Joan Benoit Samuelson/Andrew Ference: We should run to clean energy
Joan Benoit Samuelson is an Olympic gold medalist runner running her first Boston Marathon since 1993. Andrew Ference is a Boston Bruins defenseman.
Today’s the annual spring moment when athletics take New England’s center stage — the Boston Marathon and traditional Red Sox matinee game, with yet another Bruins playoff run under way.
As athletes privileged to compete at the highest levels in two of these events, we know a lot about competition and challenges. Our careers are anchored in a belief that it’s always possible to do better. We also want a better world for our children. That’s why we have taken a big interest in just the kind of challenge athletes love to take on — a drive for less polluting energy sources that will keep the air we breathe clean.
We’re just citizens; neither of us believes that being an athlete gives us any special right to be heard on public issues. However, we do believe that being parents does. We each have two kids who appreciate the benefits of a healthy environment. Being New Englanders who care about where we live does, too.
This is far from an abstract issue for us. One of us has run — this is no typo — close to 140,000 miles in the past 35 or more years, mostly at home in Maine, and in doing so has directly experienced worrisome trends like rising ozone levels that are tough on runners, plus environmental changes arising from a changing climate. When the outdoors is your playground and workplace you notice those things more. That’s led one of us (Joan) to work with the Maine Lung Association, Friends of Casco Bay and other environmental groups.
The second of us (Andrew) who lives in Boston, worries that society’s increasingly frantic search for new oil sources is fouling the once-pristine forests and air of his native Canada, where a particularly dirty process of unlocking oil from tar sands is causing environmental havoc across Alberta, where he grew up. New England could help cut demand for this dirty oil. He has also pioneered a program where 500 National Hockley League players offset the carbon pollution from their extensive jet travel.
Both of us know our society can do better. That’s why we get excited when we hear President Obama and others advocating new policies to promote clean energy, protect our health, cut our dependence on fossil fuels and save consumers money.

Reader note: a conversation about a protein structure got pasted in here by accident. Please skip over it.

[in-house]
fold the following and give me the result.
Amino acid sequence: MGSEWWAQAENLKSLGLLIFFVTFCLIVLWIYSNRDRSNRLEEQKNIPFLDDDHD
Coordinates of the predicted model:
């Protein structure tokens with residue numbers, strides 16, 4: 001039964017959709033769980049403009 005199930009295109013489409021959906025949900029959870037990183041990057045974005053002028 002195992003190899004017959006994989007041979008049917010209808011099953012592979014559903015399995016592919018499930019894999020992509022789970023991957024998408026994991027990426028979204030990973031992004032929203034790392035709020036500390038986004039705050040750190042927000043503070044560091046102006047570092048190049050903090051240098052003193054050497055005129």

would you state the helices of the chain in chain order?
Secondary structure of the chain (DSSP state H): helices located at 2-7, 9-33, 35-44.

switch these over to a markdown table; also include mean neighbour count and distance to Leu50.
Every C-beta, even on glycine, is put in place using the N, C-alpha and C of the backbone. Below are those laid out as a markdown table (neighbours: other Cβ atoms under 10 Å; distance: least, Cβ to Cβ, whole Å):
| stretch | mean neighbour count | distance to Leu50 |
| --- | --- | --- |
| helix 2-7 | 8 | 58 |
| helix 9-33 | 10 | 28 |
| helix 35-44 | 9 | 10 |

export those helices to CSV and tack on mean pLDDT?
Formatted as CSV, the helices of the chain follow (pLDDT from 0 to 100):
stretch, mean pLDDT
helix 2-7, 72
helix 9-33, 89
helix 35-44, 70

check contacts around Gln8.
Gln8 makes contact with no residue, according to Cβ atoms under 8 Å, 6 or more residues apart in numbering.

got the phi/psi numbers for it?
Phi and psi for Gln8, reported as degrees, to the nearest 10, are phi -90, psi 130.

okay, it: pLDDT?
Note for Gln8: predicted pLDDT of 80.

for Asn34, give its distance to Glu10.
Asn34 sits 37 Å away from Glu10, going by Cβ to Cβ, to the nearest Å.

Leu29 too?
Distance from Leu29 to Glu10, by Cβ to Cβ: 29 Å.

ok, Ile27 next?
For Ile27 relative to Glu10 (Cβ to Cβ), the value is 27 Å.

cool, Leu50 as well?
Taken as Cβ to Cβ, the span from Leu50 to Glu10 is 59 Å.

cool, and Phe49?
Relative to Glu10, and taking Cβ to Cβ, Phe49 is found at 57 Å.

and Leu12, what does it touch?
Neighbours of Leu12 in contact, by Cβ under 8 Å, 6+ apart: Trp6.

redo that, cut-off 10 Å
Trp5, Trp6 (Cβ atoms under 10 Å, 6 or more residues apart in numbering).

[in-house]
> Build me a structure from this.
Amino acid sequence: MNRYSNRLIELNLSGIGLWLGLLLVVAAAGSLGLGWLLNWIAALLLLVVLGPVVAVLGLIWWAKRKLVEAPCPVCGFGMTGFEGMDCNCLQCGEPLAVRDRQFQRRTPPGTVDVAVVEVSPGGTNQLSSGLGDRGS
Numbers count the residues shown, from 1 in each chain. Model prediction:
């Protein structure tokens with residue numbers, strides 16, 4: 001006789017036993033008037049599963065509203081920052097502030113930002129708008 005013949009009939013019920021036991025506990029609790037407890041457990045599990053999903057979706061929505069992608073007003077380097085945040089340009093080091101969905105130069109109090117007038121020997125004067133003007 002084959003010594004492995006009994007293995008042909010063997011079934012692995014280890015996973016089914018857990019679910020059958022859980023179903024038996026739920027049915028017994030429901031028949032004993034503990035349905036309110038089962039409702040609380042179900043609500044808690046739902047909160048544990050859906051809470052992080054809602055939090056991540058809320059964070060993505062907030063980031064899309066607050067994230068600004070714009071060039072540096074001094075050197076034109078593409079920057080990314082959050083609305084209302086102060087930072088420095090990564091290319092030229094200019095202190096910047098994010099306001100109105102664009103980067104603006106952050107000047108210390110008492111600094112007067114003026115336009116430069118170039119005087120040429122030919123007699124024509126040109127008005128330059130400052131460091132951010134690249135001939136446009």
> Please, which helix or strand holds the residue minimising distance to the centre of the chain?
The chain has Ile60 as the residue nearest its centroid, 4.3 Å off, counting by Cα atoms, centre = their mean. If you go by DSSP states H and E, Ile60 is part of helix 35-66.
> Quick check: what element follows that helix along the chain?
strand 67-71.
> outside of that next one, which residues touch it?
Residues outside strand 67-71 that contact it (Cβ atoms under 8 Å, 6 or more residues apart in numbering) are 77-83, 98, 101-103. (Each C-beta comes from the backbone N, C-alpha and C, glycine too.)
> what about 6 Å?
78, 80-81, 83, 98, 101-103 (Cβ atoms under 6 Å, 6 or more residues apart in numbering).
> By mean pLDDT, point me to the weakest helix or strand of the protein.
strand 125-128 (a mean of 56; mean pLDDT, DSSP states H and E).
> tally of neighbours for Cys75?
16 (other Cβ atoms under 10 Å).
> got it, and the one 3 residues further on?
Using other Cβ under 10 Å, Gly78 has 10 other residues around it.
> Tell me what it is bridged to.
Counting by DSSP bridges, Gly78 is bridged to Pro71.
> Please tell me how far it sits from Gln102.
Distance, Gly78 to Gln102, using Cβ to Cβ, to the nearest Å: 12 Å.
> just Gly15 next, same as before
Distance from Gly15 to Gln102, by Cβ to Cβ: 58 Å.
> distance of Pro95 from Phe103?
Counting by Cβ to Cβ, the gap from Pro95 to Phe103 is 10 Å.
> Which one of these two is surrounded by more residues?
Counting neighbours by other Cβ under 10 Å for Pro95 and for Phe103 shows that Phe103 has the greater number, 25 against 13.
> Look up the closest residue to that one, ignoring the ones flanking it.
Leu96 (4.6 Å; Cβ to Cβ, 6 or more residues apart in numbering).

We know — because businesspeople, scientists and tech experts tell us — that we can get far better mileage from vehicles and use electric power more cleanly and efficiently. That smarter Environmental Protection Agency rules can help make America a leader in the global clean-energy economy. And that New England is on the right track in moving toward lower-carbon fuels to cut air pollution here and lessen the demand for Alberta’s dirty oil.
These are common-sense solutions that should appeal to people regardless of political belief. Right, left or center, we can all agree that we want clean air, water and land for us and our children. Like athletes always trying to improve their results, our society can boost its performance with cutting-edge “best practices” that also boost our economy and competitiveness. We can cut millions of barrels of imported oil, millions of tons of coal, billions of tons of air pollution and save billions of dollars a year simultaneously. What’s not to like?
As competitors we’re also concerned about China and other countries getting a jump on the U.S. in the clean-energy race. Because the race to create those jobs — and win those markets for decades — is well under way.
So we’re interested when such major business and investor groups as Boston-based Ceres and Business for Innovative Climate & Energy Policy (BICEP) — a group with a name any athlete could love — gather business leaders who say it’s smart to join, and lead, this race.
We can’t stall in tackling the pollution changing our climate. In just the past year, we’ve seen huge disasters involving all three of our major fuel sources — a giant oil spill in the Gulf of Mexico that one of us witnessed first-hand, coal-mine tragedies in West Virginia and elsewhere, and a Japanese nuclear-power catastrophe whose full damage remains unknown. Finding and using these polluting fuels is getting more risky than most of us realize every day — we’re really pushing the envelope.
Wouldn’t it be better instead to push the envelope on clean energy, a challenge where we can lead the world in ways that leave our kids better off? Why wouldn’t we want to tackle that challenge the way a marathoner attacks Heartbreak Hill, or a puck carrier crashes a foe’s net?
Athletes know it’s hard to get healthy in an unhealthy environment, and you can’t win without working hard to improve your game. So it’s up to all of us to take charge of our environmental and economic fitness as so many of us take charge of our physical fitness. Science tells us there’s just a small window of time to tackle some of our biggest environmental challenges before they cause huge problems.
We’re in a race — this one more sprint than marathon — but one we can win.
Joan Benoit Samuelson, an Olympic gold medalist runner, will be running in the Boston Marathon today, her first since 1993. Andrew Ference is a Boston Bruins defenseman.